[llvm-dev] RFC: On non 8-bit bytes and the target for it

David Blaikie via llvm-dev llvm-dev at lists.llvm.org
Tue Nov 5 17:02:14 PST 2019

On Tue, Nov 5, 2019 at 4:35 PM Sean Silva <chisophugis at gmail.com> wrote:

> On Mon, Nov 4, 2019 at 4:07 PM David Blaikie via llvm-dev <
> llvm-dev at lists.llvm.org> wrote:
>> On Mon, Nov 4, 2019 at 4:00 PM James Molloy <james at jamesmolloy.co.uk>
>> wrote:
>>> Hi,
>>> To throw my hat into the ring, we also maintain a downstream target that
>>> has a subset of this problem - it has non-8-bit-addressable memory. This
>>> means that %uglygeps don't work, pointers can't be casted to i8* and expect
>>> to be byte-addressed (conversions to memcpy/memset that use i8* aren't
>>> welcome either), and GEP lowering code is slightly different.
>>> We maintain this currently as a pile of known technical debt. We have a
>>> CGP pass to decompose GEPs and custom-expand them taking our word size into
>>> account, but everything before that is just waiting for InstCombine to
>>> break something. AliasAnalysis also makes offsetting assumptions that are
>>> totally bogus because our pointers are word-addressed and therefore so are
>>> pointer offsets.
>>> We'd be really keen to help here. We're keen to upstream anything we
>>> possibly can (and have been, over the past few months). We've have several
>>> discussions about how best to approach upstream with this, and the sticking
>>> point has always been lack of a testing target. It's always felt to me that
>>> the idea of addressable granule should be a fairly reasonable DataLayout
>>> addition; We can test DataLayout changes purely via opt without requiring a
>>> target that uses them. Lowering to instructions was always the testing
>>> sticking point.
>>> We'd be keen to help out what the community decides to do here. I
>>> personally feel it's reasonable that:
>>>   - LangRef/DataLayout is updated with semantically coherent changes.
>>>   - The midend optimizer is updated by someone who cares about those
>>> changes and tests are added that use the new DataLayout.
>>>   - Developers that don't care about those changes maintain a
>>> best-effort approach, which is exactly what we do right now; there are
>>> features that are tested but are still esoteric enough that I might
>>> reasonably break them without realising (OperandBundles come to mind), so I
>>> don't think there's any change in mindset here.
>>>   - Developers that care perform downstream testing and provide review
>>> feedback / revert if really bad / fixes. Again, this is how LLVM works
>>> right now - I'd guess that >80% of our real-world test coverage comes from
>>> downstream users deploying ToT LLVM rather than the upstream LIT tests /
>>> builders.
>> This last bit is the bit I'd worry about if the bug were only visible in
>> an out-of-tree target. If it's visible with a DataLayout change that can be
>> tested upstream, then I'd be OK with an upstream patch being reverted given
>> a test case with custom DataLayout showing the failure.
>> But if the failure is for, say, non-8-bit-bytes that are only actually
>> exercised downstream, I'm less OK with patches being reverted upstream no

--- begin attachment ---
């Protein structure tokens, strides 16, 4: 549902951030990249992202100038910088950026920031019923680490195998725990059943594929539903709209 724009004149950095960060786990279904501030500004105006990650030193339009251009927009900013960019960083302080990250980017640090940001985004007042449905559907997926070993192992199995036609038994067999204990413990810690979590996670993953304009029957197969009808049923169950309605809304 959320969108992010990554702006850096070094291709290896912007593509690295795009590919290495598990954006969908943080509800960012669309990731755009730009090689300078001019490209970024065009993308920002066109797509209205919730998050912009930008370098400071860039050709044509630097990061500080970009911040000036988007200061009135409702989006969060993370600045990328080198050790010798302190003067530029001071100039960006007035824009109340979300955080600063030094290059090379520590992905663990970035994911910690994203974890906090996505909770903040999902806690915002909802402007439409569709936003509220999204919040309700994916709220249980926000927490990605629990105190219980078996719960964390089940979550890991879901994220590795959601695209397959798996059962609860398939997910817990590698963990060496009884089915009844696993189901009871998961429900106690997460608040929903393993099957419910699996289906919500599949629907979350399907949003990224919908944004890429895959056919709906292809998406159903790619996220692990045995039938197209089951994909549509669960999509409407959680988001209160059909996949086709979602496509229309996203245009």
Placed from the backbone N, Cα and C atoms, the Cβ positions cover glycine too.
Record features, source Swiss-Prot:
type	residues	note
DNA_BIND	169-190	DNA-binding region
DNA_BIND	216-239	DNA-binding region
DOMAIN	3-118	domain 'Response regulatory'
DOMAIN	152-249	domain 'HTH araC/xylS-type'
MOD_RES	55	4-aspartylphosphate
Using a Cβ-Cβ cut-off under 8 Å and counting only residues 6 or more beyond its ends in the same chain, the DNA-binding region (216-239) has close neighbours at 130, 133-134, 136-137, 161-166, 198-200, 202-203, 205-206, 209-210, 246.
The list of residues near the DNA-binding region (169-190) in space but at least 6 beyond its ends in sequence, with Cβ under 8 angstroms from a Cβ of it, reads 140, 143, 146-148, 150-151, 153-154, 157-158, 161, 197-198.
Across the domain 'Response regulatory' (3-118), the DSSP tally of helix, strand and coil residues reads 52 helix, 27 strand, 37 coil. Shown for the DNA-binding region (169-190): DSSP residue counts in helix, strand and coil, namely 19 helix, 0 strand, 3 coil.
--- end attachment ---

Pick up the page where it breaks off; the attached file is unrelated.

>> matter the severity of the breakage to such targets downstream.
> Suppose that the failure is build breakage for the downstream target. This
> could cause the entirety of the downstream LLVM/Clang build to break in a
> way that isn’t easy to untangle or fix. This could prevent an entire
> organization from integrating LLVM for an extended period of time. So it
> isn’t necessarily “no matter the severity of the breakage for such
> *targets* downstream” but could be the entire organization unless a
> tactical downstream revert of the offending change can be made.

That's already the world they live in today having out of tree targets and
especially ones with non-8-bit-bytes. I don't think upstream can sign up
for any stronger support here in that situation.

> — Sean Silva
>> - Dave
>>> Cheers,
>>> James
>>> On Mon, 4 Nov 2019 at 12:16, David Blaikie via llvm-dev <
>>> llvm-dev at lists.llvm.org> wrote:
>>>> On Sat, Nov 2, 2019 at 12:45 AM Jorg Brown via llvm-dev <
>>>> llvm-dev at lists.llvm.org> wrote:
>>>>> On Fri, Nov 1, 2019 at 8:40 AM Adrian Prantl via llvm-dev <
>>>>> llvm-dev at lists.llvm.org> wrote:
>>>>>> > On Nov 1, 2019, at 3:41 AM, Dmitriy Borisenkov via llvm-dev <
>>>>>> llvm-dev at lists.llvm.org> wrote:
>>>>>> > It seems that there are two possible solutions on how to move
>>>>>> forward with non 8 bits byte:
>>>>>> >
>>>>>> > 1. Commit changes without tests. Chris Lattner, Mikael Holmen,
>>>>>> Jeroen Dobbelaere, Jesper Antonsson support this idea.
>>>>>> > James Y Knight says that at least magic numbers should be removed
>>>>>> "at least where it arguably helps code clarity". This might be not exactly
>>>>>> the scope of the changes discussed, but it's probably worth do discuss code
>>>>>> clarity having concrete patches.
>>>>>> > GCC (according to James Y Knight) has the same practice meaning
>>>>>> non-8 bits byte is supported but there are no tests in upstream and we have
>>>>>> downstream contributors who will fix the bugs if they appear in the LLVM
>>>>>> core.
>>>>>> > David Chisnall raised a question about what to count as a byte
>>>>>> (which defines the scope of the changes) and we suggest to use all 5